May 4, 2010 - The Christopher Columbus Fellowship Foundation is awarding four $25,000 Homeland Security Awards to American individuals or companies who are making measurable and constructive contributions in basic or advanced research in the area of homeland security.
The mission of the awards is to promote and encourage cutting edge innovation in the vast arena of homeland security, including but not limited to the detection, prevention, or response to threats to the United States.
All nominations are must be submitted online by Friday May 7, 2010 . The award website also includes information on the competition rules, regulations, and past recipients. You may nominate yourself and/or another worthy candidate.
A $25,000 Homeland Security Award will be presented in each of the following four fields:
1) Biological, Radiological, Nuclear, Chemical and Explosive Attacks – Including utilities (air, water, telephone), aviation, business vulnerabilities, sensors, and lack of situational awareness.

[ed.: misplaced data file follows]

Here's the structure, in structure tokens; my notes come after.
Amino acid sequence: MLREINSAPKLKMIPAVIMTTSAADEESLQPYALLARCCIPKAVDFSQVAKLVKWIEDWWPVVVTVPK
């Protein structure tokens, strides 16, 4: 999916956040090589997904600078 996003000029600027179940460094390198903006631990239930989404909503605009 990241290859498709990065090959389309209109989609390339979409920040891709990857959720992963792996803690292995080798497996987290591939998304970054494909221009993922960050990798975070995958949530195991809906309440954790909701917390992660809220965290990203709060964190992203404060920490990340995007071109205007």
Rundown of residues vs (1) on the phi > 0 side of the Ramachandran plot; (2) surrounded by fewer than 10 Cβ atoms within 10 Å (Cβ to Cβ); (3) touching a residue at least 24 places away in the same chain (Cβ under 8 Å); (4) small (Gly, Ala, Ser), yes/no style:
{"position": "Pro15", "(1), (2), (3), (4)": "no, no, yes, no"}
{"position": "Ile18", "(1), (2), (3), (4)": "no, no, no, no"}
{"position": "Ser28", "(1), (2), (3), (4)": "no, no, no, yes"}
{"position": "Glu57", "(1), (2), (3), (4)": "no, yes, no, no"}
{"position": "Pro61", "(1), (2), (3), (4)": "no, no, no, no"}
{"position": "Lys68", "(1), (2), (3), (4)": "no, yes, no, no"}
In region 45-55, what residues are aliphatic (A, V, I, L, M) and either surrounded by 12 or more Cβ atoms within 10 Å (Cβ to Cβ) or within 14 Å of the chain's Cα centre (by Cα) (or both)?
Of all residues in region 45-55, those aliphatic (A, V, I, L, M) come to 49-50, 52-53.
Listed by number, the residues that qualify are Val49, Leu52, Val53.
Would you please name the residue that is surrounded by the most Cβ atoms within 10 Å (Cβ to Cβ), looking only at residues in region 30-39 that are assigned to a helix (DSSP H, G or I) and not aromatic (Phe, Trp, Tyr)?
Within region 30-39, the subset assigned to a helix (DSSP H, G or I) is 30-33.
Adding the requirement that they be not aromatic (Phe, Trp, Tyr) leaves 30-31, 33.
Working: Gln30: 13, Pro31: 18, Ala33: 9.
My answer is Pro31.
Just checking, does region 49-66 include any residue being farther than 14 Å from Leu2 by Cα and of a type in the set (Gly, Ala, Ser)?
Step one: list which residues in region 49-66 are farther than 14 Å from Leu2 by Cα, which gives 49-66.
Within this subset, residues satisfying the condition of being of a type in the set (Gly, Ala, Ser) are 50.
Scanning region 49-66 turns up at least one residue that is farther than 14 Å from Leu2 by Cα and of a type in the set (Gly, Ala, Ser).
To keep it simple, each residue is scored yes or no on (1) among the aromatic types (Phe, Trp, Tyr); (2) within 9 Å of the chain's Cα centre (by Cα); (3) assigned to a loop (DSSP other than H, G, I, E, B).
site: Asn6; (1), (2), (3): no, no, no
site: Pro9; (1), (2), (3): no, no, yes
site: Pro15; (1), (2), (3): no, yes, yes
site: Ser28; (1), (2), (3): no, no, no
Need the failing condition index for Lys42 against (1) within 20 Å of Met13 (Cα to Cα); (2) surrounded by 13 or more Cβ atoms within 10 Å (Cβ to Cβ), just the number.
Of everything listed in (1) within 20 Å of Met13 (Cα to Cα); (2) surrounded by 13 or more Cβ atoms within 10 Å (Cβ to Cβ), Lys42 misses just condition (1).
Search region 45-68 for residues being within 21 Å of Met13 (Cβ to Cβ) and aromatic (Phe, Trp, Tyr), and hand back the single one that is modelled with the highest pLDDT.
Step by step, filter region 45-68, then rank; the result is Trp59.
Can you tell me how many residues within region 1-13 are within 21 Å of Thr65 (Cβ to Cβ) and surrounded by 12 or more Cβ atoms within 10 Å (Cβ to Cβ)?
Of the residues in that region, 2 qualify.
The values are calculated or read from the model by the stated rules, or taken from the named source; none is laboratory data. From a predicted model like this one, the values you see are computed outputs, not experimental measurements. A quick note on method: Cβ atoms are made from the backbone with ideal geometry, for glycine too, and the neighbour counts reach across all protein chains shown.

2) Border and Transportation Security – Airport security, trucks, rail, and containers authorization, certification and tracking.
3) Cyber Security and Information Sharing – Cyber security, vertical and horizontal (Federal, State and private) communications, ways to encourage information sharing, privacy issues, and criminal and terrorist watch lists.
4) Emergency Response to Natural and Man-made Disasters – Interoperability, emergency command centers, mobile devices (PDAs, cell phones, pagers, Internet.)
In 2003, Dr. Frances Ligler, Senior Scientist for Biosensors and Biomaterials at the Naval Research Laboratory, won the award for pioneering the development of ultra-sensitive antibody-based detection systems for biological agents and other hazardous materials. This work has had a profound impact on the development of biosensor-based detection of biological warfare agents, leading to significant improvements in the nation’s capability for early and accurate detection.
The Christopher Columbus Fellowship Foundation is an independent Federal government agency established by Congress in 1992 to “encourage and support research, study and labor designed to produce new discoveries in all fields of endeavor for the benefit of mankind.